And, funny enough, there are some clients who would prefer not to see a thin dietitian. Why you might ask? Well, over the years I have heard rumors from clients that thin dietitians know nothing about the struggles that one might encounter with a “weight” problem. NEWS FLASH: I am not thin because I thrice tapped by ruby red slippers and said “let me be thin, let me be thin.” Ironically, I have had to work at this as well. Huh, who knew? I have had my “struggles” with weight over the years from starving myself to binging/purging, and every diet in between those two extremes. I started dieting in middle school about the time I hit puberty. I won’t go into all the gory details in this post as I want to keep them short, but I’ve done it all.
I don’t know everything, but I have learned some things in the last 10 years of being a dietitian and 20 years of pursuing thinness. First, don’t judge a dietitian or roller girl by their size or lack of tattoos. A thin person is not necessarily “healthy” or fast and an overweight person isn’t necessarily “unhealthy” or good at hitting. Second, I have yet to witness strict dieting being successful . I promote being mindful while eating real foods, which means more fruits, vegetables, whole grains, lean meats, nuts/seeds, and organic dairy products. And, finally, BALANCE. Take rest days; eat pretzels, chocolate, and wings occasionally; it’s good for the soul.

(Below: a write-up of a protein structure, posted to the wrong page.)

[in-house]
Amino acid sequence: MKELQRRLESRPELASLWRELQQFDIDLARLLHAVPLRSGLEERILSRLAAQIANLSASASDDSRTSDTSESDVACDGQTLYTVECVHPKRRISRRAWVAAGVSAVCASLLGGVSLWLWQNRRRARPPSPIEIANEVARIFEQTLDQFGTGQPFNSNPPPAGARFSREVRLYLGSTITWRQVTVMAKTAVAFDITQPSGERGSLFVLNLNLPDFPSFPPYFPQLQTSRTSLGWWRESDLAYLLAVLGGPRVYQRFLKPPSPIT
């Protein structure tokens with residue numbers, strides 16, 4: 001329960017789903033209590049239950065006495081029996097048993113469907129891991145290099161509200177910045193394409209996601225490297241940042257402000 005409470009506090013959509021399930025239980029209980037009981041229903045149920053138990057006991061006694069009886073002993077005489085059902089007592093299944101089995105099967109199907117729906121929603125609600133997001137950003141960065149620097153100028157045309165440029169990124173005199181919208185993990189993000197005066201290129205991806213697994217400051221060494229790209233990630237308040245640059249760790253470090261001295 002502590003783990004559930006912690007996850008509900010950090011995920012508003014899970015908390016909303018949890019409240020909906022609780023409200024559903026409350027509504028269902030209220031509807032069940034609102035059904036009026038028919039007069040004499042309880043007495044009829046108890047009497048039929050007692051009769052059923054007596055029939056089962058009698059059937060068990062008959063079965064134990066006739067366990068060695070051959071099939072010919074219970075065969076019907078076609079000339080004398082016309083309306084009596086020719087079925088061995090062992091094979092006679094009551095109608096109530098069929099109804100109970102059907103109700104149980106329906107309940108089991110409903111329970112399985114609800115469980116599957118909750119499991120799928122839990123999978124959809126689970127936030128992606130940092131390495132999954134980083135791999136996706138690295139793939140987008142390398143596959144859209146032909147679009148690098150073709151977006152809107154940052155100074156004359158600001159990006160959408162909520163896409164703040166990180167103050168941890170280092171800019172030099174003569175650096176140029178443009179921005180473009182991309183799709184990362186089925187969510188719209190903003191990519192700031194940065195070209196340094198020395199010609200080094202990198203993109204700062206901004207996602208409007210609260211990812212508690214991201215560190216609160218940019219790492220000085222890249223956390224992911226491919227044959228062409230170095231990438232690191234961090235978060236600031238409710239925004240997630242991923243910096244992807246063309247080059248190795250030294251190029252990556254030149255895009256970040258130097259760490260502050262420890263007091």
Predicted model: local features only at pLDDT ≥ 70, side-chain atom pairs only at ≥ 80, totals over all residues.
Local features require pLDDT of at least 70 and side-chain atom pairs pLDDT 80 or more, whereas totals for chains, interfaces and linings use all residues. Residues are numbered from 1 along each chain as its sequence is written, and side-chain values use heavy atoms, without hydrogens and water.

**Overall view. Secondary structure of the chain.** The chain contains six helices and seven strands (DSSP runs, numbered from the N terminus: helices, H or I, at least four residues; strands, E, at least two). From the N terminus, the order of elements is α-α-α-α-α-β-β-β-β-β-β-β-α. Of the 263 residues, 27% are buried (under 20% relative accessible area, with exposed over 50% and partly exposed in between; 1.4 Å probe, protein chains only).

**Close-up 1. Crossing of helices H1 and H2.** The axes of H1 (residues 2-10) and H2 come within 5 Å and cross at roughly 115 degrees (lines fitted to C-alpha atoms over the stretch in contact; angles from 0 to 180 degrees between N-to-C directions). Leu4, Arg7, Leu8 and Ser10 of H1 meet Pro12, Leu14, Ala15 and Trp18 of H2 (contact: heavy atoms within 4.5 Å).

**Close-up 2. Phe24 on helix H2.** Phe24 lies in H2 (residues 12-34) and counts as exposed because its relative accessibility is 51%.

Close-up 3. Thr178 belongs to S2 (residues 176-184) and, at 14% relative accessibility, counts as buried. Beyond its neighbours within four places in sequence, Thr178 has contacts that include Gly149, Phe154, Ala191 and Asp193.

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In my opinion, the egg is one of the most wonderful foods from omelets, scrambled eggs, over-easy, quiche, casseroles, deviled, soufflé, and my everyday favorite, the hard-boiled egg. There isn’t an egg I don’t enjoy. And just to clarify, I am talking about eggs from chickens, not ostriches, not alligators, not parrots, not snakes, chickens and more specifically, hens. I have purchased quail eggs to my dismay, just really tiny and a lot of work, but they were very delicious none the less.
Eggs have been eaten since the beginning of time. In many cultures, eggs have much symbolism. Some view eggs as a sign of life, resurrection (think Easter), fertility, spring, rebirth, and even immortality. Americans, the excellent consumers that we are, eat a lot of eggs. About 240 million hens produce50 billion eggs each year. White shelled eggs are produced by hens with white feathers and ear lobes. Brown shelled eggs are produced by hens with red feathers and red ear lobes.
Ah, but there is much controversy surrounding the egg. Much like Humpty Dumpty, he’s been king, and then has fallen, and I am here to put him back together again. You may refer to me today as “The Egg Defendant.”
So, why the controversy you may ask? Well, eggs, since they are an animal product, do contain cholesterol, 213mg per egg to be exact, most of which is found in the delicious yellow yolk. Many experts suggest limiting dietary cholesterol to 300mg per day for someone without high cholesterol levels and 200mg per day for someone with elevated cholesterol levels. So, this must mean that eggs are bad, right? They must raise our cholesterol levels; they are loaded with it, right? From the mouth of Dwight Schrute: “False.”